With spring still a few months away, gardeners turn their attention to planning for next season. The time-honored ritual of perusing gardening catalogs usually results in a list of plants that totals about five times your actual garden budget. The best way to stretch your gardening dollar? Seeds.
Every year, Spotts Garden Service hosts a Soup and Seeds party in January. We get together with our clients, hand out seed catalogs, and start the list-making process. We swap old seeds, order new ones, and bundle our seed orders together to save on shipping. So with Soup and Seeds nearly upon us, we think it’s a great time to go over a few seed basics.
We’ve written before about self-sowing annuals, which are a fantastic way to add color to your garden border for little cash. Plant them once, then let them drop seed every season. We have Nigella in the garden that’s going on its sixth year, and we haven’t touched it since we planted it in 2007.
If it’s self-sowers you want, consider annual poppies, annual phlox, calendula, cosmos, larkspur, and nigella. All are hardy here in Indy, dropping seeds that can survive our winter and come back in the spring.
As for vegetables, we think it’s important to know the difference between open-pollinated, heirloom, and hybrid seeds.
Open-pollinated (OP) species are those that breed true to type. That means if you save seeds from an OP tomato (a Brandywine, for example) and plant them, you’ll get a Brandywine tomato. OP seeds are the way to go if you want to save seeds.
Hybrid varieties are created by crossing one strain of a plant with another strain. The resulting plant is a first generation hybrid, or F1. Hybrids are often more vigorous than either of their parent plants, but don’t bother saving seed from them. Plant the seeds from a Better Boy hybrid tomato, and you’ll get one of its parent plants, not a Better Boy.
Hybridizing plants is a natural phenomenon, and one humans have been taking advantage of for millenia. A hybrid is not the same thing as a genetically modified organism (GMO). A GMO is the result of taking genes from one species (like a fish) and inserting it into a completely unrelated species (like a tomato). We strongly encourage you to order your seeds only from companies that have signed the Safe Seed Pledge, which ensures that they do not knowingly buy or sell GMOs. Horticulture magazine has a list of companies that have signed the Safe Seed Pledge here.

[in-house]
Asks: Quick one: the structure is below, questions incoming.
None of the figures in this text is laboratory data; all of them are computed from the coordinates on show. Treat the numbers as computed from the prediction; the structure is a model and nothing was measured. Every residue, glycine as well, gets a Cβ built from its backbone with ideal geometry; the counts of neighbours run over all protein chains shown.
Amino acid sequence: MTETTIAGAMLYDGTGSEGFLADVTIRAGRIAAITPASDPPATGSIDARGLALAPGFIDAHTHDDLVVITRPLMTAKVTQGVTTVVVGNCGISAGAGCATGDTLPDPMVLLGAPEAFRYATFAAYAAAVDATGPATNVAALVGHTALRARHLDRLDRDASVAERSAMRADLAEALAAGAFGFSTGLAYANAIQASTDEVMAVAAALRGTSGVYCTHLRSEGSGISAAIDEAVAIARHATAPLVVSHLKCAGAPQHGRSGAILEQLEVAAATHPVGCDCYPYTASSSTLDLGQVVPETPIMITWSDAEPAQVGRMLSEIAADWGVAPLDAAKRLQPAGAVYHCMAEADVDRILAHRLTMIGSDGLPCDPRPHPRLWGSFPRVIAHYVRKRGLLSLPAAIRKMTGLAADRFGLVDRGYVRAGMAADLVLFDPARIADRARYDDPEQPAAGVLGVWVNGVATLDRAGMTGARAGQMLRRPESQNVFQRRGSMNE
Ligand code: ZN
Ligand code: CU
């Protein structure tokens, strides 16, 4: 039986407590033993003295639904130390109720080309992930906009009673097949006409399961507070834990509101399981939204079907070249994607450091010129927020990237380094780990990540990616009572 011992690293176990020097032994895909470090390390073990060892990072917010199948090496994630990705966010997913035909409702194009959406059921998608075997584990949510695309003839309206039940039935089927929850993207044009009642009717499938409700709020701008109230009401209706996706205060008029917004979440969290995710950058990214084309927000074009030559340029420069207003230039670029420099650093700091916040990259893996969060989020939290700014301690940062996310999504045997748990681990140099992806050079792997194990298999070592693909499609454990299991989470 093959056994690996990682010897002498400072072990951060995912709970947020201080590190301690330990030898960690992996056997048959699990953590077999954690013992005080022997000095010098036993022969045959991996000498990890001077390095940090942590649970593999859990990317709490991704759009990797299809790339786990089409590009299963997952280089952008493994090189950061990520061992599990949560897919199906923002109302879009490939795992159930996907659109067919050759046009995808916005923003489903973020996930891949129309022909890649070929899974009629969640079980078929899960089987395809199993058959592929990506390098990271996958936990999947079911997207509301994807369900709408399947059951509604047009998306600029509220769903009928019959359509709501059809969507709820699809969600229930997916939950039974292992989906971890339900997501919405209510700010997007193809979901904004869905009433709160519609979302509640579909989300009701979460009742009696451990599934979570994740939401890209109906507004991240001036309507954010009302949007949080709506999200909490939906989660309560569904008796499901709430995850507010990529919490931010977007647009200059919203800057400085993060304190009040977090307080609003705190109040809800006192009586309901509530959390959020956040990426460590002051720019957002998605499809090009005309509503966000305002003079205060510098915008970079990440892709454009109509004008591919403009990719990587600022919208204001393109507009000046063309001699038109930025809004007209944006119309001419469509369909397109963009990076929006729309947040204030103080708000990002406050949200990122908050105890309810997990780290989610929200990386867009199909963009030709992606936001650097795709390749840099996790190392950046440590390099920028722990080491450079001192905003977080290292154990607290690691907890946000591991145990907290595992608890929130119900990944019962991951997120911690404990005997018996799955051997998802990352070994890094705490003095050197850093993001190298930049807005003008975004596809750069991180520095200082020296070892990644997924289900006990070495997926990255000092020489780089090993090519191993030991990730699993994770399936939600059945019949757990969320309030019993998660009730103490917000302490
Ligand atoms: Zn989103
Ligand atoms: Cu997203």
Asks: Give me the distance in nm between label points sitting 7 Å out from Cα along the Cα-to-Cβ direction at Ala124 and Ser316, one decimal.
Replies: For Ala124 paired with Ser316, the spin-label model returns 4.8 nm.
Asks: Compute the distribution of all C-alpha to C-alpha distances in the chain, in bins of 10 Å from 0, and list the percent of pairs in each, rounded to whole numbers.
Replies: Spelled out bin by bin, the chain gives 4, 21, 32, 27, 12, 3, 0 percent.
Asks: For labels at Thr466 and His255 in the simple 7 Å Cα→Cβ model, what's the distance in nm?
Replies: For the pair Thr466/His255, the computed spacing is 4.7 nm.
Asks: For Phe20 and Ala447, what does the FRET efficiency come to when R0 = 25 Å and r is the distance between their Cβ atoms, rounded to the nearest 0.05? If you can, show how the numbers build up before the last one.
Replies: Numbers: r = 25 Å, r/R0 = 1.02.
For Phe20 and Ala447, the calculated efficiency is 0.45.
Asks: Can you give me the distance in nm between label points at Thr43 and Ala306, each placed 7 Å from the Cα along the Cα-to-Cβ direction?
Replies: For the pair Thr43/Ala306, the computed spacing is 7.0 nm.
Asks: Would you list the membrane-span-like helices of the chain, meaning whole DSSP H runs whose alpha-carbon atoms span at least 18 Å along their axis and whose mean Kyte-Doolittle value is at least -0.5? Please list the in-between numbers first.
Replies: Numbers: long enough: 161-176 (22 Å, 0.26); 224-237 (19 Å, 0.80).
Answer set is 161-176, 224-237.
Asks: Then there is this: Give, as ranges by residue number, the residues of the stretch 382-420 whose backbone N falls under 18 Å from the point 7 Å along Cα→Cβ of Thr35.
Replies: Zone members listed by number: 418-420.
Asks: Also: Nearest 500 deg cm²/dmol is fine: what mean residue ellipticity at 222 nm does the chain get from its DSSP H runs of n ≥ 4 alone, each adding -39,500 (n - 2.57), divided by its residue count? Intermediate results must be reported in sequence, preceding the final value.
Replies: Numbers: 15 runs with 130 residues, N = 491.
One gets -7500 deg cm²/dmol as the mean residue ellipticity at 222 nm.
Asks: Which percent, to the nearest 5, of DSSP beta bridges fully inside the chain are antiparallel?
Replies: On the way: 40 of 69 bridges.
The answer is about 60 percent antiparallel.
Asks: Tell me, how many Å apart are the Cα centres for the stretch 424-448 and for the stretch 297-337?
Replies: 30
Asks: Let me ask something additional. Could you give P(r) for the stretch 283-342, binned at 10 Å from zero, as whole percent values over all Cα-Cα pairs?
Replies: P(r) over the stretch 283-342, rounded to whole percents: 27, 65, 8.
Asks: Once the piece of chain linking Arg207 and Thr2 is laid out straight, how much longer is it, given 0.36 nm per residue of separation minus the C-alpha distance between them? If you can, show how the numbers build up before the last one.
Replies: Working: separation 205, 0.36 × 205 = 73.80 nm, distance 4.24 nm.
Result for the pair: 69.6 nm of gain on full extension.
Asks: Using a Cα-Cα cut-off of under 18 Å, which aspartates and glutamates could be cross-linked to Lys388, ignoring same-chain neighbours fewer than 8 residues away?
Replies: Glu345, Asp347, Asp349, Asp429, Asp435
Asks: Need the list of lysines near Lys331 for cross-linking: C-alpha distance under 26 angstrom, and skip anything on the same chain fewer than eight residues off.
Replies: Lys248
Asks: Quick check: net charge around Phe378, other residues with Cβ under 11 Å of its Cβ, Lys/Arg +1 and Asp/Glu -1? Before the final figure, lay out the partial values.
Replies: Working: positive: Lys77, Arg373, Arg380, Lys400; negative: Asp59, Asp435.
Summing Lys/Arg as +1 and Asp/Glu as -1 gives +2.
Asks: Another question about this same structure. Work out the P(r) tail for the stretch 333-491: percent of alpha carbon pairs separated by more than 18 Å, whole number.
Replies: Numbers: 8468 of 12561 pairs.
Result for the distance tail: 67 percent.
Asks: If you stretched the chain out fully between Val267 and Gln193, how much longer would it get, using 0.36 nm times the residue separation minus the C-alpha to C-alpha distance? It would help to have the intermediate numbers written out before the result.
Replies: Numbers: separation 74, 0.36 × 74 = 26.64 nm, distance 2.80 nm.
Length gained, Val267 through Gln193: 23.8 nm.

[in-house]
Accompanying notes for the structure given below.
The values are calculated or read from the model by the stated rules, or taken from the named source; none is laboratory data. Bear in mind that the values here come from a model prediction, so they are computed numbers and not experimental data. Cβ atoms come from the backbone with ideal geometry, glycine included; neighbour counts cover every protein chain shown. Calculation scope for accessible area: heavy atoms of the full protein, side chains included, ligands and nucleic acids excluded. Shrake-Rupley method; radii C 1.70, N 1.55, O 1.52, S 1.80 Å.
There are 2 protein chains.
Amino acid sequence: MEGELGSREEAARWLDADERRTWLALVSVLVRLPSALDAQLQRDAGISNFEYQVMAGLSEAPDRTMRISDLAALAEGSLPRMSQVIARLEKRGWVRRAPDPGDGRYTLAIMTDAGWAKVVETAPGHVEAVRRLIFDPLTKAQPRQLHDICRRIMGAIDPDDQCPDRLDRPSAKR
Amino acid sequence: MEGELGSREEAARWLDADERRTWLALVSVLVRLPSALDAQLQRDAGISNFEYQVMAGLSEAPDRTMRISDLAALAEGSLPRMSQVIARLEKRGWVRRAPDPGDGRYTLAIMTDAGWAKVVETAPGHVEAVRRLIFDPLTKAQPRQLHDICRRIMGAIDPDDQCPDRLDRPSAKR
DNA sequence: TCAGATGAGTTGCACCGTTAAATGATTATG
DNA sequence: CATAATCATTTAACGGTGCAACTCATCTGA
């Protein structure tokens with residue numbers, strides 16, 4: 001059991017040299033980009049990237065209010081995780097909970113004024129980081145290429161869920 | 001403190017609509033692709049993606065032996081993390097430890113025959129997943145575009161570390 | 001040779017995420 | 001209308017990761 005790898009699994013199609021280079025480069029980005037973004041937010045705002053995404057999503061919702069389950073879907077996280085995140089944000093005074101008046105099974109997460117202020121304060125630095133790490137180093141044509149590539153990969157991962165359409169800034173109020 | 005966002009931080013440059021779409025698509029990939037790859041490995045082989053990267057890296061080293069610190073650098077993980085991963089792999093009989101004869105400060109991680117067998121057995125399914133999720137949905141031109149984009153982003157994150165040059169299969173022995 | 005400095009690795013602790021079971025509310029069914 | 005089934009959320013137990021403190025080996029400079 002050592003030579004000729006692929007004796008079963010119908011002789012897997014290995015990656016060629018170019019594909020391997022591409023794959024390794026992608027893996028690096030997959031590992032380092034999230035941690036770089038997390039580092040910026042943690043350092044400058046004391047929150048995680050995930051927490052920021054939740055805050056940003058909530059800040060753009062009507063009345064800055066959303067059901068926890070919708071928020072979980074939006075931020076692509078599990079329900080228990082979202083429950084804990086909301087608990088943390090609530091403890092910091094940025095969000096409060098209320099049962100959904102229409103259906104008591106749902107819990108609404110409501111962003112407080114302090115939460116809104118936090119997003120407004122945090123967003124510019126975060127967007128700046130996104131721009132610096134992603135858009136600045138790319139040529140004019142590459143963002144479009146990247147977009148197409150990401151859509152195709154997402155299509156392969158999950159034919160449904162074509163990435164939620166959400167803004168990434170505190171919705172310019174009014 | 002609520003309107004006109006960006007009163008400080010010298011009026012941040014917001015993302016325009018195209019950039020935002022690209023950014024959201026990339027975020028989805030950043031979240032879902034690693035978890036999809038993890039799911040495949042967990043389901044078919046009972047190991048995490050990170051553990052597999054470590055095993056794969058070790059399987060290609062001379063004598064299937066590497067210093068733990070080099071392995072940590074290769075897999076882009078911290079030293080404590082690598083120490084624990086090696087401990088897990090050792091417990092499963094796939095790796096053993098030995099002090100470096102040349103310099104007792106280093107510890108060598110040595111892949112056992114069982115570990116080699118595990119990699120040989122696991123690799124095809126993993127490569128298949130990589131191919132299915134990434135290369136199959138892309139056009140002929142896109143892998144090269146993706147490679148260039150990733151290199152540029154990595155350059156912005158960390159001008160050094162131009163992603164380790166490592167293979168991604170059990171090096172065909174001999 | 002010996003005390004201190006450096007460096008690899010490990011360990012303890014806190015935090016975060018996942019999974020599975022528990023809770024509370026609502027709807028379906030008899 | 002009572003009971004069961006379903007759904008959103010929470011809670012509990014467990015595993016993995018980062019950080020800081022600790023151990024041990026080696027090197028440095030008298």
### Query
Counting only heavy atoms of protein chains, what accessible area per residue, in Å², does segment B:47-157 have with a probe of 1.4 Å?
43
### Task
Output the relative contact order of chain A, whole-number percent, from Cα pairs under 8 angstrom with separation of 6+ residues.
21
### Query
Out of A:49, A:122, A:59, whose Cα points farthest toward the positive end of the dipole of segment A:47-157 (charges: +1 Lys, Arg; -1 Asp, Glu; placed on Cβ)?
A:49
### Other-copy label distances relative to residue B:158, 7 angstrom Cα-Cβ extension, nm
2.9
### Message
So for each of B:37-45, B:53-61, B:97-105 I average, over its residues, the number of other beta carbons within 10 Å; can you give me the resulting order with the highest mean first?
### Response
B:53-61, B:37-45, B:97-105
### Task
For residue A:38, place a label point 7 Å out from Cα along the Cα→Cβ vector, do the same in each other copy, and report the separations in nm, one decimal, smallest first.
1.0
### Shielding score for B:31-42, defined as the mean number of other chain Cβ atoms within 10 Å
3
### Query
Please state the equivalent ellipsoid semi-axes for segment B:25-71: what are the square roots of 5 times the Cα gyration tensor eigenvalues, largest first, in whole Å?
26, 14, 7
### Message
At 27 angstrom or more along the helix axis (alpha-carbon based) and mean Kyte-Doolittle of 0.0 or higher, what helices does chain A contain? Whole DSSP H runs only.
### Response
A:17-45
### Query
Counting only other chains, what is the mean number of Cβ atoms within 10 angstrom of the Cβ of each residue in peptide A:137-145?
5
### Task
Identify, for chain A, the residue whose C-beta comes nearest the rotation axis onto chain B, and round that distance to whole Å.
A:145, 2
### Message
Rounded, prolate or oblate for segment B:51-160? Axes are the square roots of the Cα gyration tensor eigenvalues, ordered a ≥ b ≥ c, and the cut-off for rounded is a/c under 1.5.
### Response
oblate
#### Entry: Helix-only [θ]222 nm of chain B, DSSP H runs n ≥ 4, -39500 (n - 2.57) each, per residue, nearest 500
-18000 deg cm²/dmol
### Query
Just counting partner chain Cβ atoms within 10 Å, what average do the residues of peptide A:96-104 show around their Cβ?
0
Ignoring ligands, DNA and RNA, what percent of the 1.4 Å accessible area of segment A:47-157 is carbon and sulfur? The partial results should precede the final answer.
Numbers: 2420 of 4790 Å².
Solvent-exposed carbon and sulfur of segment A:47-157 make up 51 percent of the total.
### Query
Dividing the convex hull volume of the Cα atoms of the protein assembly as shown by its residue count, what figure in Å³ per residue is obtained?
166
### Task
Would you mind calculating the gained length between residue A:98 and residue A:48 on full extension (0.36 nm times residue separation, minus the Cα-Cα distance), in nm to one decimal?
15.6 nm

Heirloom seeds are those from plants that have been passed down within families of gardeners for generations. That makes them uniquely suited to the environments in which they grow. Heirlooms are open pollinated, so you can save the seeds from this year’s crop to plant next year.
Organic seeds are those grown using only organic-approved methods and no synthetic fertilizers or pesticides. In addition, organic seeds contain no genetically modified organisms. To be sold as organic, seeds must be certified by a certification organization. For more information, check out the Seeds of Change home page at www.seedsofchange.com
Before you make this year’s order, go through your seed supply. We mark our seed packets with the year we purchased them, as well as how long the seeds should be good under normal conditions (stored in a cool, dark, dry place). According to Barbara Pleasant, author of the excellent Starter Vegetable Gardens, you can expect seeds to last about this long:
1 to 2 years: Corn, lettuce, okra, onion, parsley, pepper
3 to 4 years: Bean, beet, carrot, chard, leek, pea, squash, tomato
5 years or more: Broccoli, Brussels sprout, cantaloupe, cauliflower, celery, Chinese cabbage, cucumber
Once you discard no-longer-viable seeds, you’re ready to make this year’s list. Some of our favorites suppliers are Baker Creek Heirloom Seeds, John Scheepers Kitchen Garden Seeds, Johnny’s Select Seeds, and Seed Savers Exchange. So pull out your pens (or fire up your laptop), and start plotting out next year’s garden!